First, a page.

In traditional math education, English language learners (ELLs) can miss out on crucial opportunities to understand the meaning behind the math. Because so much of traditional math materials are word-heavy, there are language hurdles ELL students must overcome before they can even begin to focus on math concepts.
With teachers being challenged to meet the individual learning needs of each student with materials that are often “one size fits all,” it’s easy to see how the achievement gap has reached critical levels. And because math skills are a strong predictor of overall academic success, ensuring ELL students have access to quality math education is critical.
Visual Instruction Increases Access to Learning
With the ST Math visual instructional program, language barriers are removed, giving ELLs access to the same level of math rigor as other students. And when students have equitable access to math education, they see similar amounts of growth in proficiency as other subgroups of students (gifted, SPED, economically disadvantaged). These results have played out in schools across the country, from California to Texas to Massachusetts. What follows are just a few of the many examples of what happens when barriers to learning are removed.
Clay Spring Elementary (Florida)
Clay Spring Elementary has been strongly implementing the ST Math program since 2015, and they continue to see proficiency gains across all of their student groups.
In the 2016/2017 school year, students as a whole increased from 59% to 66% in math proficiency. Their ELL students showed a dramatic increase, jumping from 48% to 65% (an increase of 17%).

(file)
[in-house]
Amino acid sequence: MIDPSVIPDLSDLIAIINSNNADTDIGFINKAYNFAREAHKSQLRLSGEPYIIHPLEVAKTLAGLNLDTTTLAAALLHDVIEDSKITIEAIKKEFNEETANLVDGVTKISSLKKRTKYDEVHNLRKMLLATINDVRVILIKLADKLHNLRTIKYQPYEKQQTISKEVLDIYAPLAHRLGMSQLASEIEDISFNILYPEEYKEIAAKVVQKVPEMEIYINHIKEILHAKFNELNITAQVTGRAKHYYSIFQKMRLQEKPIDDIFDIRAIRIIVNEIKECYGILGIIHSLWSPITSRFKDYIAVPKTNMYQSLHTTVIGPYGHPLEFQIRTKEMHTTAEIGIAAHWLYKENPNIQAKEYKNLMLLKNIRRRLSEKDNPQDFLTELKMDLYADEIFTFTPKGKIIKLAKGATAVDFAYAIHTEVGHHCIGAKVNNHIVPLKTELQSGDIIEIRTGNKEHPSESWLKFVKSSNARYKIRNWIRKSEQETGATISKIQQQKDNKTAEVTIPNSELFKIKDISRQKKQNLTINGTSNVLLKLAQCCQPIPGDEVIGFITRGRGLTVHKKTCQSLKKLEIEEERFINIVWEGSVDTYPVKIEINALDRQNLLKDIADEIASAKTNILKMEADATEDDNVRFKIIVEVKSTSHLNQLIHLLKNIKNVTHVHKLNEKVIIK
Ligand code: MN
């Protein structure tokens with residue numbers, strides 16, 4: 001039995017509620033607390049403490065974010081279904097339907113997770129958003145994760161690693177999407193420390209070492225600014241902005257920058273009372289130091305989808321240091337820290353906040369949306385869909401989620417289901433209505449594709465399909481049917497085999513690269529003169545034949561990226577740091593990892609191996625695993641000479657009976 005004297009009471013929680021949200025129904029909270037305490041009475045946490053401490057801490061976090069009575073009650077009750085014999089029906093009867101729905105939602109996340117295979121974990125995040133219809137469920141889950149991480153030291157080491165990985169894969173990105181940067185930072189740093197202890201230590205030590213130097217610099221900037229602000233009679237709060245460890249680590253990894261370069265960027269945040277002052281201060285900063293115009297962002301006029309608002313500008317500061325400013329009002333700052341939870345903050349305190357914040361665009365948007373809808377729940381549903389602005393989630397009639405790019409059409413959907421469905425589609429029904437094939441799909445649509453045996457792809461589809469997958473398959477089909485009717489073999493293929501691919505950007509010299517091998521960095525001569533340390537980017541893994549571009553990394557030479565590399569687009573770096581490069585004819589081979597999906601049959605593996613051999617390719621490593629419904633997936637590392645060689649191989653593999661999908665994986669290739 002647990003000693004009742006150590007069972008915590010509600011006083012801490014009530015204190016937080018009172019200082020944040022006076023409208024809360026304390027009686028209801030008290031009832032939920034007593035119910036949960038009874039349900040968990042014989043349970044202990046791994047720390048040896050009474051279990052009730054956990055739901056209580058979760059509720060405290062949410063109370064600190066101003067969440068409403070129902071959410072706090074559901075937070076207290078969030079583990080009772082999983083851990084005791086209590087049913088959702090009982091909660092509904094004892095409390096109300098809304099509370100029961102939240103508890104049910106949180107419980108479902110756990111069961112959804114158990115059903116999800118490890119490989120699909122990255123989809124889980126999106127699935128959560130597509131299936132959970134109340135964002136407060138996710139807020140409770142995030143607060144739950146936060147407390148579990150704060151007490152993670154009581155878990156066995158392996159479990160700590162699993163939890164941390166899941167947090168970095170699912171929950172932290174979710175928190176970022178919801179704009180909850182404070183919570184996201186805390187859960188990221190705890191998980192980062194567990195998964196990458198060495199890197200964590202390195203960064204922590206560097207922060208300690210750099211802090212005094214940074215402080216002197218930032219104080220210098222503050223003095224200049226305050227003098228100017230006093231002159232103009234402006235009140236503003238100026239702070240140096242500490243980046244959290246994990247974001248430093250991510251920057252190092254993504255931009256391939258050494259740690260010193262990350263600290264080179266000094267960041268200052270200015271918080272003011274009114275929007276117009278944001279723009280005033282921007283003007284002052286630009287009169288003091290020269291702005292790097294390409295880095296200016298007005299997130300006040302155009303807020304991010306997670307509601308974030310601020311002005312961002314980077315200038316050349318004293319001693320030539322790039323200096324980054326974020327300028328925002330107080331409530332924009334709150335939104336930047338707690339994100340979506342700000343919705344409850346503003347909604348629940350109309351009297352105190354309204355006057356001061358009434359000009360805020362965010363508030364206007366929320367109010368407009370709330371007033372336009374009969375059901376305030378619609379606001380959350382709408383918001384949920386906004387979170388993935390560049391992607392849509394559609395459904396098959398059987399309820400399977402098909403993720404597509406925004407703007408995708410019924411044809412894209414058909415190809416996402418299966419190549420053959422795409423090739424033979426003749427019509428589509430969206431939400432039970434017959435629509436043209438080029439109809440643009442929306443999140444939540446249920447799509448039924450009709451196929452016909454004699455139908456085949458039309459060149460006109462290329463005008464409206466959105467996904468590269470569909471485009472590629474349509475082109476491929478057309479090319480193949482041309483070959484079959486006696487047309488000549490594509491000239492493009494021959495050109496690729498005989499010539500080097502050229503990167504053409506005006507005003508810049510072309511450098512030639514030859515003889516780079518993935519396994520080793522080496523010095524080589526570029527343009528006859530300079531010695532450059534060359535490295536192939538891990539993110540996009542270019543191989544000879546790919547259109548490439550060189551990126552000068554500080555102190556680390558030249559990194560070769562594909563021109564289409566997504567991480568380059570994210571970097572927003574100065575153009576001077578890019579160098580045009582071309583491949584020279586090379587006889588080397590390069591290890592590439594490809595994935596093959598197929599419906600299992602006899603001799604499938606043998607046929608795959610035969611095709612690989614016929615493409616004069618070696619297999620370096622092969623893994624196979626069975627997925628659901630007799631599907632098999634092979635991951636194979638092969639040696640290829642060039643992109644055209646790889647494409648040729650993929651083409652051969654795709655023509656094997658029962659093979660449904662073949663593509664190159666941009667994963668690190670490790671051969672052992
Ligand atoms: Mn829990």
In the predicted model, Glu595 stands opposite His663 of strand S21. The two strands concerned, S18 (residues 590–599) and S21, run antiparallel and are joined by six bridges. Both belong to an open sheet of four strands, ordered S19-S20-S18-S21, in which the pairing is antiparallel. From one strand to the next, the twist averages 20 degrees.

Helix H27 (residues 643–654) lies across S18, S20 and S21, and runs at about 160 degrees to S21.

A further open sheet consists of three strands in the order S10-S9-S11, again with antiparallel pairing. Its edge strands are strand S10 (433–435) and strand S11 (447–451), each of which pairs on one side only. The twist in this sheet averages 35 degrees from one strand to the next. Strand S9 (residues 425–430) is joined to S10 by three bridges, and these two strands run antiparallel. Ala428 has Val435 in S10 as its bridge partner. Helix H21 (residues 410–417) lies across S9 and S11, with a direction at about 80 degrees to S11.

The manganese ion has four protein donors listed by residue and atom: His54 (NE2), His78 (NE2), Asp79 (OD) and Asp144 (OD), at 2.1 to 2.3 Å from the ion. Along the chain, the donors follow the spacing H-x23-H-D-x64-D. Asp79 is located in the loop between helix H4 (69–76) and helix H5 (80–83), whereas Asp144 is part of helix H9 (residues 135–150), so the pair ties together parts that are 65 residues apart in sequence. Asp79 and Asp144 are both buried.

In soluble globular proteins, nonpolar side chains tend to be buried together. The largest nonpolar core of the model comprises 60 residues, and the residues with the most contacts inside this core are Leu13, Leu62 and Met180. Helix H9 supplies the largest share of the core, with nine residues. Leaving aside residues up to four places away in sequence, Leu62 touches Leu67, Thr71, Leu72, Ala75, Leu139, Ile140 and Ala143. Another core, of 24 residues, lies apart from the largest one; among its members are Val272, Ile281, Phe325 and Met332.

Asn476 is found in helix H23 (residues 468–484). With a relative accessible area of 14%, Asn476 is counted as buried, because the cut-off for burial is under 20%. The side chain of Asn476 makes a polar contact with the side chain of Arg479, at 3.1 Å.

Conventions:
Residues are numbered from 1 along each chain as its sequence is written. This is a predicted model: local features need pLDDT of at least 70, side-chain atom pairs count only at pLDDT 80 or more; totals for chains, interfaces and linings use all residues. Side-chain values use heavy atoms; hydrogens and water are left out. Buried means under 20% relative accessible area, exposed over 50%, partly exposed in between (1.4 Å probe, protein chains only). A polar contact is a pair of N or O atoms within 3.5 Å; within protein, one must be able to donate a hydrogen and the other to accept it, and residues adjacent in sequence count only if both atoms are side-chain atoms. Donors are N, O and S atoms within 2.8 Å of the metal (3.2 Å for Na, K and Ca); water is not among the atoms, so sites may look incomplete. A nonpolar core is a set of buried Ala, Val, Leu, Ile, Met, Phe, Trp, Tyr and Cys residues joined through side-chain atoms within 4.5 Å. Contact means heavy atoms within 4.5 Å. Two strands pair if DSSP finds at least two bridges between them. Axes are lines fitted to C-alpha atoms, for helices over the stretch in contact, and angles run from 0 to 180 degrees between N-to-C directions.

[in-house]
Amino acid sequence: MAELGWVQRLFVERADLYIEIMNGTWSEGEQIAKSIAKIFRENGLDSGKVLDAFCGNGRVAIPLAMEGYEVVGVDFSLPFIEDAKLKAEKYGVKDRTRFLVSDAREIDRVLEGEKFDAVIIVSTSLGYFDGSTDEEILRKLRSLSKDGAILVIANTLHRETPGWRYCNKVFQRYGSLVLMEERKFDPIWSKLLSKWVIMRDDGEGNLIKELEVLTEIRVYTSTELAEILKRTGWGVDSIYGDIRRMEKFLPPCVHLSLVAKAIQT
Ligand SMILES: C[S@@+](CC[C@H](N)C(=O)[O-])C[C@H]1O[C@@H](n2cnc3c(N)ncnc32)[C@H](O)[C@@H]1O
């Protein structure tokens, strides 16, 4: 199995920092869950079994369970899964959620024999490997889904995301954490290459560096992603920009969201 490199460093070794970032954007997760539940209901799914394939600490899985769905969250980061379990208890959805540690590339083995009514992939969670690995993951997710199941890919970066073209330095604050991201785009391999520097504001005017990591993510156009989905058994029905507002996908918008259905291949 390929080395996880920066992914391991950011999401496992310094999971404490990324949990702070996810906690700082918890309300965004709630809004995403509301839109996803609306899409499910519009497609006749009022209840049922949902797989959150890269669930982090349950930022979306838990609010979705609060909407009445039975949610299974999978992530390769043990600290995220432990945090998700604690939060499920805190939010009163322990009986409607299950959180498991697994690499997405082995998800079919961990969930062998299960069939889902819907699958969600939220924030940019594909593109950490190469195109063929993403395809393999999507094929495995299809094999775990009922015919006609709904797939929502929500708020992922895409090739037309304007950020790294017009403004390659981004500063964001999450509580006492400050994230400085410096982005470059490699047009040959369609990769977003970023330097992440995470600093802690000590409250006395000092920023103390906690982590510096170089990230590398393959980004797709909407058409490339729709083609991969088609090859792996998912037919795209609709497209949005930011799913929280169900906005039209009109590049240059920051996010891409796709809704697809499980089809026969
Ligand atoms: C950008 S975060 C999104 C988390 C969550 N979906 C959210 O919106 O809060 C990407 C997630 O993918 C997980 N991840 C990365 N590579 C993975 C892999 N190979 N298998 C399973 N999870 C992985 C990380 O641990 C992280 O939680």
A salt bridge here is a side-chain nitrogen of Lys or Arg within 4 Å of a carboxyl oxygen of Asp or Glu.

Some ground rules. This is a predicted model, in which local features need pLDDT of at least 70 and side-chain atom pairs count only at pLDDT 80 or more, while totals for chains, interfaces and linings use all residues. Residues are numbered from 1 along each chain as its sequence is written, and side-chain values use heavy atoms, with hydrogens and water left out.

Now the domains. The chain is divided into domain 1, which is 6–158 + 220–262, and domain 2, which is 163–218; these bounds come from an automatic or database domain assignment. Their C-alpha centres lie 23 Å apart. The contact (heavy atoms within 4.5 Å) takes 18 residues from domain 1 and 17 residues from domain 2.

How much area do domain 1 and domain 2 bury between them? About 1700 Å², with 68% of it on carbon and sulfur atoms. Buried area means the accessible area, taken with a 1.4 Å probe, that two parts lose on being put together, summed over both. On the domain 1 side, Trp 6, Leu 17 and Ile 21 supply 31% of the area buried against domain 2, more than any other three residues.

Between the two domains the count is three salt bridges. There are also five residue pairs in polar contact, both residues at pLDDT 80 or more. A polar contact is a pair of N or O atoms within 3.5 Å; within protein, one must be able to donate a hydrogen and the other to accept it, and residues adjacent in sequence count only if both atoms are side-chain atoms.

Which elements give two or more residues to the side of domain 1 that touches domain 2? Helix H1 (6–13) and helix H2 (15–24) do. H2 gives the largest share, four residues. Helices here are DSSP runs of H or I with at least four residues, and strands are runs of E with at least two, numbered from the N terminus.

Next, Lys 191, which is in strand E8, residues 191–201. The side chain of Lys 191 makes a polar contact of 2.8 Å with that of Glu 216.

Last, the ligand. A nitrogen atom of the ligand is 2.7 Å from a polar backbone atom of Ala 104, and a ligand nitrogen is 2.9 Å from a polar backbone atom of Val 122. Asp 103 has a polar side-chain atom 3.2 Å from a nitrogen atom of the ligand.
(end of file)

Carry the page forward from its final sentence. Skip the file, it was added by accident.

Killeen ISD (Texas)
Killeen Independent School District (ISD) in Texas serves over 21,000 students from very diverse backgrounds. Not only does the district have a high mobility rate due to almost half of its population being in the military, but they also serve a high number of ELLs.
Kileen’s use of ST Math began with Willow Springs Elementary school, and the program’s impact there led a district-wide implementation the following year. Between 2014 to 2016, Killeen’s elementary students scoring Satisfactory or Advanced in math increased from 49.6% to 68.1%.
A deeper dive into the data revealed similarly positive results across all subgroups. Compared to their counterparts without ST Math, almost 8% more of Killeen’s ELL students were in the Satisfactory or Advanced range. Economically disadvantaged, special education and gifted students all showed similar increases. Read the full story.
Alexander Bruce School (Massachusetts)
In 2011, the state of Massachusetts took over Lawrence Public Schools, which was classified as a “turnaround” district. One of the challenges facing Alexander Bruce School was the fact that one third of its students were English language learners.
After piloting ST Math in 2013-14, they fully implemented in 2014-2015. By the 2015-2016 school year, 69% of students that used ST Math consistently were reaching the highest levels of proficiency on The Partnership for Assessment of Readiness for College and Careers (PARCC).
“We were looking for a technology-based solution to engage all our students,” explained Principal Cheryl Merz. “ST Math made the learning accessible to every student, regardless of background." Read their full story.